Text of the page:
So, now that watching this movie is one of the things I've done with my life, I should probably try to wring something out of it.
1) Rhinestone takes fake audiences to the next level. If I had to pick a winner between the pantomime clap-along in the first musical scene (where they were clearly instructed not to actually let their hands collide in a way that would produce sound), and the surreal fake laughter of the same audience later on (where I have no idea what they were told), I would choose to nail the doors of the venue shut, and set it on fire. From the inside. So I could forget, forever.
2) Richard Farnsworth pretending to sing and play guitar is worth the effort of getting this movie, if you happen to hate good things. The awkward aside conversation to Stallone's character -- during a song -- features Farnsworth bobbing up and down in such a disturbing, unwholesome fashion that it made me think of his scene in The Straight Story where he's sitting around a campfire with a teenage hitchhiker girl he had passed on the road, talking about family and holding a weiner in his fist.
3) I keep thinking about Gold Eagle Murder Singer (whose song is clearly an attempt at an alibi for his Loretta's allegedly accidental death-by-tractor). Freddie Ugo is certain he will kill the crowd (figuratively), because, as he says, "I coached him myself". Assuming that's not just bluster, I wish we could have seen that movie. I'd love to learn how Ugo, who seems to never have an unexpressed thought or an unfiltered emotion, bossed Gold Eagle around and somehow didn't end up accidentally killed by his own limousine.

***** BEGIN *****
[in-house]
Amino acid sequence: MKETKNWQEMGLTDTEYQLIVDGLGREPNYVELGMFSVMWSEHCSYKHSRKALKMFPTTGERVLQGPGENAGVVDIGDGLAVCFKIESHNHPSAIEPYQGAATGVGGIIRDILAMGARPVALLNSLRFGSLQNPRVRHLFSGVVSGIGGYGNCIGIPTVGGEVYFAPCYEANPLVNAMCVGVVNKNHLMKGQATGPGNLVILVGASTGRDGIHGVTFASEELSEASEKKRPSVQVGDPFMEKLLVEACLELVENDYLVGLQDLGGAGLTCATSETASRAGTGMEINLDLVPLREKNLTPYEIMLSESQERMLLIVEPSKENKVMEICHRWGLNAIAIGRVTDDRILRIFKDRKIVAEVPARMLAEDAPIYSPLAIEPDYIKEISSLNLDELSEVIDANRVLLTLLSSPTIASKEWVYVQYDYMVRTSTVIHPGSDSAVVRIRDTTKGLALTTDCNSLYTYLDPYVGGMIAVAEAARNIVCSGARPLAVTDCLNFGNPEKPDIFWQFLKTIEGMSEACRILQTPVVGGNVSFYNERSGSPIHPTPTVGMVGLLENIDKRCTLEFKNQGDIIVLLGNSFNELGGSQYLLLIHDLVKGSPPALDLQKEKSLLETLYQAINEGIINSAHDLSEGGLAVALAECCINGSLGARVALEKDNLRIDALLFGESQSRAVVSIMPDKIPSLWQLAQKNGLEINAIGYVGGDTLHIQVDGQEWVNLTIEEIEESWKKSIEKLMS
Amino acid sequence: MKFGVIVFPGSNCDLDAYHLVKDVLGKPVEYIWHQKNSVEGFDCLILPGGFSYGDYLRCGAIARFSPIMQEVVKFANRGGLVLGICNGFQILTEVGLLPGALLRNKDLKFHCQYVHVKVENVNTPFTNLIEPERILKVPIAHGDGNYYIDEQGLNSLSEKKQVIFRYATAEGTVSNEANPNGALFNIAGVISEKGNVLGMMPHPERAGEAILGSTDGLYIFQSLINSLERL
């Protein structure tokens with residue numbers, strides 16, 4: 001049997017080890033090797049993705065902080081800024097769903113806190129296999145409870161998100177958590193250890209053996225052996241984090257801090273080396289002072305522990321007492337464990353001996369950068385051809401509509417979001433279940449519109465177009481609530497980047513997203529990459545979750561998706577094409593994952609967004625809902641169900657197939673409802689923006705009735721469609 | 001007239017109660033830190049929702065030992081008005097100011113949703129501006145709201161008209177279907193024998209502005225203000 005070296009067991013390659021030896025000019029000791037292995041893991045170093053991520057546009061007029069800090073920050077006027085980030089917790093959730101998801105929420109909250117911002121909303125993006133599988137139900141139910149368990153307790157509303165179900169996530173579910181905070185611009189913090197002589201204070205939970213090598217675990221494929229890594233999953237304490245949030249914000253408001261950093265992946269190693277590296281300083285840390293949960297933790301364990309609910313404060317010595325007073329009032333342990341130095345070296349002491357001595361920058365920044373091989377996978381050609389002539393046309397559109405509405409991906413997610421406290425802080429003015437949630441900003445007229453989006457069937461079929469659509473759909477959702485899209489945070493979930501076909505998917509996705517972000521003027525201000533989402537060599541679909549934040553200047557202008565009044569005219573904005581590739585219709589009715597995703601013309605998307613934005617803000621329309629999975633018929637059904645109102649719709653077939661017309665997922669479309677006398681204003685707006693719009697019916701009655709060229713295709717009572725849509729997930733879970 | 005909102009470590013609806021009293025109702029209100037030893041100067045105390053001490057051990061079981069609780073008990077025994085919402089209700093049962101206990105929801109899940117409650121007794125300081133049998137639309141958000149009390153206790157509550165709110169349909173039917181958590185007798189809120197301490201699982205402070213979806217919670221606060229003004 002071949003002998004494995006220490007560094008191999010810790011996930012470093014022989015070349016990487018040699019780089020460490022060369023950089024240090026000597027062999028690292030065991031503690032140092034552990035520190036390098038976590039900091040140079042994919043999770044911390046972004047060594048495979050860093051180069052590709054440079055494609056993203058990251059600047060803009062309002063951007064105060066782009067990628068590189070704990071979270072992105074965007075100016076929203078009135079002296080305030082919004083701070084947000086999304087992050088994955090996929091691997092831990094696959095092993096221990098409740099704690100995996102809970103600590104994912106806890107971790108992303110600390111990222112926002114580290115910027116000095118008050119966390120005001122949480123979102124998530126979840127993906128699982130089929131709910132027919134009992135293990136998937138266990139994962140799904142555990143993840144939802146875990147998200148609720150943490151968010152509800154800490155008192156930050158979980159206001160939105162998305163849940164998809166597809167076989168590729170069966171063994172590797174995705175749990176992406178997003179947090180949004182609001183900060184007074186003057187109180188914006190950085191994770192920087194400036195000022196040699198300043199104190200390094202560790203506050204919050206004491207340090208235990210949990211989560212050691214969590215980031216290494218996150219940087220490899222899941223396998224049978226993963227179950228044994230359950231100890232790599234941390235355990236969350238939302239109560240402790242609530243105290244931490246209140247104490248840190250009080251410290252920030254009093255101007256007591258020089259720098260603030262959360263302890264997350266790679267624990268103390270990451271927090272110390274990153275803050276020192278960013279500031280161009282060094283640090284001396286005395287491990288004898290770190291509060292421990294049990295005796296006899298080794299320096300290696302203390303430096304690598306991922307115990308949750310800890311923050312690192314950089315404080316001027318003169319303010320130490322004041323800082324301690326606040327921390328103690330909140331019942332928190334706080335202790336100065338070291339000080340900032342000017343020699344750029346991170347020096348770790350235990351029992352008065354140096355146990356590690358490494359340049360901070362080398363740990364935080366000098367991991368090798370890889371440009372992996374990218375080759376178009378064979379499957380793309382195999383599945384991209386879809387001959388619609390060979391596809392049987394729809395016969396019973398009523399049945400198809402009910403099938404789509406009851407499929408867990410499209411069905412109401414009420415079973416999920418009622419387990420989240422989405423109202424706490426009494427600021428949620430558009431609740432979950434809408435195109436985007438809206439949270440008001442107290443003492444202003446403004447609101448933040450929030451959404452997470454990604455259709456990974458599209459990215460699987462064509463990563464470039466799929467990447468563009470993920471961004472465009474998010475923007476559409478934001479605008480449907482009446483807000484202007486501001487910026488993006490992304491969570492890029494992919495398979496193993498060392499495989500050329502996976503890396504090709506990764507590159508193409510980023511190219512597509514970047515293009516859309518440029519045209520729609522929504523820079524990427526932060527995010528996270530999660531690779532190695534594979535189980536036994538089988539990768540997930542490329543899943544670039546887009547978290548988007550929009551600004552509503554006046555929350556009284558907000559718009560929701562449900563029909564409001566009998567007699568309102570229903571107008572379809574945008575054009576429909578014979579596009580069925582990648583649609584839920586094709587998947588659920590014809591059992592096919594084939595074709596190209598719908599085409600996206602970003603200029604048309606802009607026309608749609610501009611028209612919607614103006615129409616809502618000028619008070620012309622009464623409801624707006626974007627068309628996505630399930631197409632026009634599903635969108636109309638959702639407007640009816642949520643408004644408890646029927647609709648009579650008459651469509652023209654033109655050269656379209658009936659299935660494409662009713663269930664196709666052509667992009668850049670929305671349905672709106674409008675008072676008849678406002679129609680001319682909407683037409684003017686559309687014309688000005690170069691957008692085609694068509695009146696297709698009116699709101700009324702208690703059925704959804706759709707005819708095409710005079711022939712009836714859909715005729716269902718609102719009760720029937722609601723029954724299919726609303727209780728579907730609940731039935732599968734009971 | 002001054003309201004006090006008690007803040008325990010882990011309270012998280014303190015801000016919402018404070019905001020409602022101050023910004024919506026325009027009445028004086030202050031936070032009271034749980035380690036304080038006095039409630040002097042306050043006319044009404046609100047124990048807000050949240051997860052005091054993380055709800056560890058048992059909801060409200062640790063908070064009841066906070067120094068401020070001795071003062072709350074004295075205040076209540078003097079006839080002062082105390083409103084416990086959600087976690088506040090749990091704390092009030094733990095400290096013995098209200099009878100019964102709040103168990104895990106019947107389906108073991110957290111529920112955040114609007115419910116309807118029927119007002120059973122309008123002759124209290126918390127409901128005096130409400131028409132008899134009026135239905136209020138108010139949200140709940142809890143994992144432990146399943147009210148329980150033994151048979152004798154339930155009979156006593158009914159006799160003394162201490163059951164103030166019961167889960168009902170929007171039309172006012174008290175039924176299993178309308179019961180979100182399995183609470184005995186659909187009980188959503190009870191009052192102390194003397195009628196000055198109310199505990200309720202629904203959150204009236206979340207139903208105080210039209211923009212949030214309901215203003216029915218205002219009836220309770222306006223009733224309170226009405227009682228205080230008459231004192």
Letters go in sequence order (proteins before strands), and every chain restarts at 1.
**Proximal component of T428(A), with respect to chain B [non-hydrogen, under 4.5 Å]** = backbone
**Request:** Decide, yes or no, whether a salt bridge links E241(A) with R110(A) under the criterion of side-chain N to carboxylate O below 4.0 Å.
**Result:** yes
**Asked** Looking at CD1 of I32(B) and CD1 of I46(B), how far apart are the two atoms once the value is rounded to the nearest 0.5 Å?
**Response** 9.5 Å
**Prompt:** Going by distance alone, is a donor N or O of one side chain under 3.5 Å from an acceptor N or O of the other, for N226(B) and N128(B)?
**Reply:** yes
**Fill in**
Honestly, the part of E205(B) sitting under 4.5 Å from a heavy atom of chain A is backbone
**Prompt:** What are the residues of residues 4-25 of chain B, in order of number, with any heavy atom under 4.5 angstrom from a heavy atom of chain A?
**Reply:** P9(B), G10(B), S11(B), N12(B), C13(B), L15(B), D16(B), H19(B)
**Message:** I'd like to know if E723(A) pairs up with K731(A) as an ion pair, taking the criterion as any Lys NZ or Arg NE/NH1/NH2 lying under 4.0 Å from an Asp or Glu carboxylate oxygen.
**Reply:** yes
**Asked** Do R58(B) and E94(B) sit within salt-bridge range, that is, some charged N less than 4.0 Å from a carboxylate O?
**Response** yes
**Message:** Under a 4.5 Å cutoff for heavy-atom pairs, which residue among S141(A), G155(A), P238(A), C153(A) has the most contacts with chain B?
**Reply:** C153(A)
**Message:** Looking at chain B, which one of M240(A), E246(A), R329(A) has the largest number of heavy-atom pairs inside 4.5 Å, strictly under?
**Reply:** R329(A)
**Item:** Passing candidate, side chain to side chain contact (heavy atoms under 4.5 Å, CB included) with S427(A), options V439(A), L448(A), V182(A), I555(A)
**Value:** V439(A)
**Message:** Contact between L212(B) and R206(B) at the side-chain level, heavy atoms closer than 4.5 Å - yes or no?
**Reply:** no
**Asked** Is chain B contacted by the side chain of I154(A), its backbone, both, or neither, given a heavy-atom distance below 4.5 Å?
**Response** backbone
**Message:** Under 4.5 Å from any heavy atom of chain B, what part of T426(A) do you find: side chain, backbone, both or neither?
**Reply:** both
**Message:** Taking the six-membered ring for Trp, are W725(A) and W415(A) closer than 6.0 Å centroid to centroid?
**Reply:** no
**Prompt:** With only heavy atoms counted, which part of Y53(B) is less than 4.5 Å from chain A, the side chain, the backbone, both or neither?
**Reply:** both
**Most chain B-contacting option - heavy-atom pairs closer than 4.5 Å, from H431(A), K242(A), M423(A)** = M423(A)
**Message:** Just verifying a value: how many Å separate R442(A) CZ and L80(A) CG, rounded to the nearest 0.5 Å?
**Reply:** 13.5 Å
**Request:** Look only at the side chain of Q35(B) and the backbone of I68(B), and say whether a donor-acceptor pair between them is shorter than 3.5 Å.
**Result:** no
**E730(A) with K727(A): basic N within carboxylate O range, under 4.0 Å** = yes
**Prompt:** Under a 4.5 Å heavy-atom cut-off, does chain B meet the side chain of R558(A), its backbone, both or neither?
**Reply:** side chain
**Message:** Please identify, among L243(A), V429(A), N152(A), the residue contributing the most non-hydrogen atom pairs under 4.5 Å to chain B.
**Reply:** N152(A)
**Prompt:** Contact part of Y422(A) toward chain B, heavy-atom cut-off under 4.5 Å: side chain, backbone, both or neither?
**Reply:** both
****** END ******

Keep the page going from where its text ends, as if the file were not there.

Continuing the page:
4) I insist that the first song Nick and Jake perform together, in the Tennessee bar before returning to New York, actually works. Not works-works, but at least movie-works. He still can't sing well, but he sings well enough that it's not fully comical, and for the last couple of minutes their stage chemistry clicks well enough that -- in the movie world, at any rate -- you could believe they were going to go on and win the day. But it's as though the filmmakers only had a certain amount of competence to spend, and they sunk it all into that sequence, because once they hit the stage in New York, it's just poop. Poop, poop, poop. I'd really be interested to know whether they shot that segment first, or maybe last, or if there was some other production factor that caused it to come within range of what they were aiming for when everything else went so far off the mark.
5) Stallone seems to have an intermittently effective comedic deadpan. As long as he's not speaking or doing things, and is just reacting facially to something in his environment, his performance has unironic positive value.
6a) Let us announce quorum on this point: "You sound like baby Hitler" is one of the best lines in cinematic history.
6b) And also this point: Dolly's voice is so good it's almost unreal. If I heard a new singer today doing what she can do, I would write it off as studio gimcrackery.
7) Mike Post was involved with the score, but Sylvester Stallone wrote or co-wrote five of the songs. Obviously I can't help but wonder how it would have turned out if Post had written those songs instead of Stallone, and had punched up the script instead of Stallone, and had starred in the movie instead of Stallone.
It's a sunny day, maybe I should go outside now.